Poets, Poetry & Rhys Hughes

The Clock Tower of Sir Ticktock Bongg

Big Ben, London. Courtesy: Creative Commons

When Ticktock Bongg was knighted by the Queen
it should have been like a scene from a dream
but his heart was set on something rather different
and so he went away feeling indifferent.
What he truly craved was to possess the power
of transforming himself into a tall clock tower.
Yes, that’s what he wanted more than anything else,
to chime the passing hours high above the town
with bells located between his nose and his frown.

Who knows what possessed him in those mad days?
We all have our own peculiar little ways
but Sir Ticktock Bongg was surely in the wrong
to wish that his face would sound like a gong.
Alas! it’s too late now to worry about that
because one summer evening not long after supper
Sir Ticktock Bongg’s heart began to flutter
and he felt all his muscles and sinews stretch
as he muttered and mumbled and softened to butter.

His form became fluid and he started to grow
and for the reason that up was the best way to go
he was presently higher than the season required.
Soon his expression was ecstatic, full of bliss,
the features of a man elongated into an edifice.
Now the tallest structure in town glanced down
and saw two feet with ten toes standing on the street
but of hands on the ends of arms there was no sign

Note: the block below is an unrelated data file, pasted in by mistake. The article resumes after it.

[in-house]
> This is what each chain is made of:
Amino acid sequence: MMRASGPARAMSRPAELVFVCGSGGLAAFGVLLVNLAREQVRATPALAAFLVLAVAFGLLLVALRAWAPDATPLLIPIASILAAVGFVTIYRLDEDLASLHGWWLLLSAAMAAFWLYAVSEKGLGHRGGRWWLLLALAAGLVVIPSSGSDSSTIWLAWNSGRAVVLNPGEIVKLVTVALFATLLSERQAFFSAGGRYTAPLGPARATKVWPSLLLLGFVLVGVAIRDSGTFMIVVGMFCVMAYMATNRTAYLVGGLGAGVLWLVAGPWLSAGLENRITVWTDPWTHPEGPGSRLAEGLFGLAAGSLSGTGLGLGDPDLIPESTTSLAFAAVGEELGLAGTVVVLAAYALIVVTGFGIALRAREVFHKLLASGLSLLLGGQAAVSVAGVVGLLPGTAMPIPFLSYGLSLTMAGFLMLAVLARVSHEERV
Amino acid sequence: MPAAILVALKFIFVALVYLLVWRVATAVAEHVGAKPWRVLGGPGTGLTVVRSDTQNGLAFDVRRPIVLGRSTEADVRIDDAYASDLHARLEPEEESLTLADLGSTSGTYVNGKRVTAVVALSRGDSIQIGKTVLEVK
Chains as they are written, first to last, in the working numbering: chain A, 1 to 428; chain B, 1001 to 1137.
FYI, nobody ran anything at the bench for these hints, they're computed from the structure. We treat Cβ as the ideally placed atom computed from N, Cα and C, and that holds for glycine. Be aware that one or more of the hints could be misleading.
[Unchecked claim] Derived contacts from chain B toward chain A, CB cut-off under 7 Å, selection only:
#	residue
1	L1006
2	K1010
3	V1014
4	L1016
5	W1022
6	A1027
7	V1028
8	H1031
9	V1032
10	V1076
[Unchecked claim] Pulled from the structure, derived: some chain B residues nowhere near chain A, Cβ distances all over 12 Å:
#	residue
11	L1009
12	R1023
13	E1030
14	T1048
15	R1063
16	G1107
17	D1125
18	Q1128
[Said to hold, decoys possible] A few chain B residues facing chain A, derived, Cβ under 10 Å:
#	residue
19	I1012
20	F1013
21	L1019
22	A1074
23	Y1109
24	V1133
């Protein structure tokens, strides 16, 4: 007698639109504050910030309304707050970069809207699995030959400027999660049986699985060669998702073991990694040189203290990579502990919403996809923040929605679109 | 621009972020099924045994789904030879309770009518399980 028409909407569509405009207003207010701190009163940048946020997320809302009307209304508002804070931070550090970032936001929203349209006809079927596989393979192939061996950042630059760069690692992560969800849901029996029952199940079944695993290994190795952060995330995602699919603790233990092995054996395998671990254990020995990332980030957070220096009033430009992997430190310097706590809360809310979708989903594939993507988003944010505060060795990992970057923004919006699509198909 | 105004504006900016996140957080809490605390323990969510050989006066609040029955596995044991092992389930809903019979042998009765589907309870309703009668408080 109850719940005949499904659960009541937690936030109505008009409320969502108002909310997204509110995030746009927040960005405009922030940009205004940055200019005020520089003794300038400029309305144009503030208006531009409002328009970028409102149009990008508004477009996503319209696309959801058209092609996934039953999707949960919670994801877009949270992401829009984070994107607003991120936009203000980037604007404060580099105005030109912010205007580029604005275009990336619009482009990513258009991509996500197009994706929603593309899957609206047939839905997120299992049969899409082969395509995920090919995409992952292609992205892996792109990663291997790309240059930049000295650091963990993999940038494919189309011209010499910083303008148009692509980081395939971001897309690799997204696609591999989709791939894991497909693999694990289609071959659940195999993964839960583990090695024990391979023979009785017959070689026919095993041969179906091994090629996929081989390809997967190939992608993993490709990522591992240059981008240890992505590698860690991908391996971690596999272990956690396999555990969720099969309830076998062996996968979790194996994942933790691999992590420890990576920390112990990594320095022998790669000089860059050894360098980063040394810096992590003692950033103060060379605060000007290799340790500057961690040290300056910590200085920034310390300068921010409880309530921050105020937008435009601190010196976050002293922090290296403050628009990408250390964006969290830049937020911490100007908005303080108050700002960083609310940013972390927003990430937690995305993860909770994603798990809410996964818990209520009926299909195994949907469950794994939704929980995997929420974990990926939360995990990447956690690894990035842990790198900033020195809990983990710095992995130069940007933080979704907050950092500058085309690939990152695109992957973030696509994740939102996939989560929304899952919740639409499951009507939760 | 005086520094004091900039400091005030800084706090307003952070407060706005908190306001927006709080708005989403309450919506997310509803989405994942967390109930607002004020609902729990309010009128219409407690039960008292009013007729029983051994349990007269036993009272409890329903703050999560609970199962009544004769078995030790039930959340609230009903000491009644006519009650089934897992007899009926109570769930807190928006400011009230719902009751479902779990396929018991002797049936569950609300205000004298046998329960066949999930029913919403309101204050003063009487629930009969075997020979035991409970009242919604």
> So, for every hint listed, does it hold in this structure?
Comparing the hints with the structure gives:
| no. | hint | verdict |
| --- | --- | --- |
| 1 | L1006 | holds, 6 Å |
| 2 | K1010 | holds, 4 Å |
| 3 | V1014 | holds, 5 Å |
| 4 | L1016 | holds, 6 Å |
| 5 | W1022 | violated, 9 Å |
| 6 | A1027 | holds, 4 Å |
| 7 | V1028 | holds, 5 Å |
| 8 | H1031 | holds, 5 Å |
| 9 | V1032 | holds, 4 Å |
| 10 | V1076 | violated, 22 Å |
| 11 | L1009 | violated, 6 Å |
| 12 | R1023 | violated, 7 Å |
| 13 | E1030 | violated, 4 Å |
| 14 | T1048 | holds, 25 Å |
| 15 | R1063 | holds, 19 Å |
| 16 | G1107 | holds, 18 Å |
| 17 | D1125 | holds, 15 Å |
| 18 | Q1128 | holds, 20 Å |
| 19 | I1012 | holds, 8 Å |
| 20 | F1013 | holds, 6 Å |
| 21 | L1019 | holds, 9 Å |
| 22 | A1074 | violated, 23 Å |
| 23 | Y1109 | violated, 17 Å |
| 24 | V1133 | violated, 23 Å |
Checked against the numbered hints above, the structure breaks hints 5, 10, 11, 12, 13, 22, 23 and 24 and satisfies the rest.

for they had relocated to his face to indicate the time.

Well, that was fine, Sir Ticktock Bongg concluded,
if it meant that no one would ever again be late.
About this prospect in fact he was most effusive
though his smile of gladness still proved elusive
because he now lacked a mouth, but what of that?
It is also quite futile to be troubled by the stray cat
that got stuck in his belfry after the change occurred.
To climb up there is absurd, but that’s what it did,
and was scared to come down again, poor little thing.

Much time has passed since that momentous evening
and the citizens regard him at last with affection,
considering him an emissary of perfect punctuality,
whether professional or apprentice they are grateful,
but there’s one objection to the way he fulfils his task,
for his clock head is so distant it can’t be easily read
and the people are forced with hoarse shouts to ask:
“What is the time please, Sir Ticktock Bongg?”
and he always replies with the same resonant song:

“Bing bong ding dong chime whine boom bong dong
bong dong boom whine chime dong ding bong bing.”


Rhys Hughes has lived in many countries. He graduated as an engineer but currently works as a tutor of mathematics. Since his first book was published in 1995 he has had fifty other books published and his work has been translated into ten languages.



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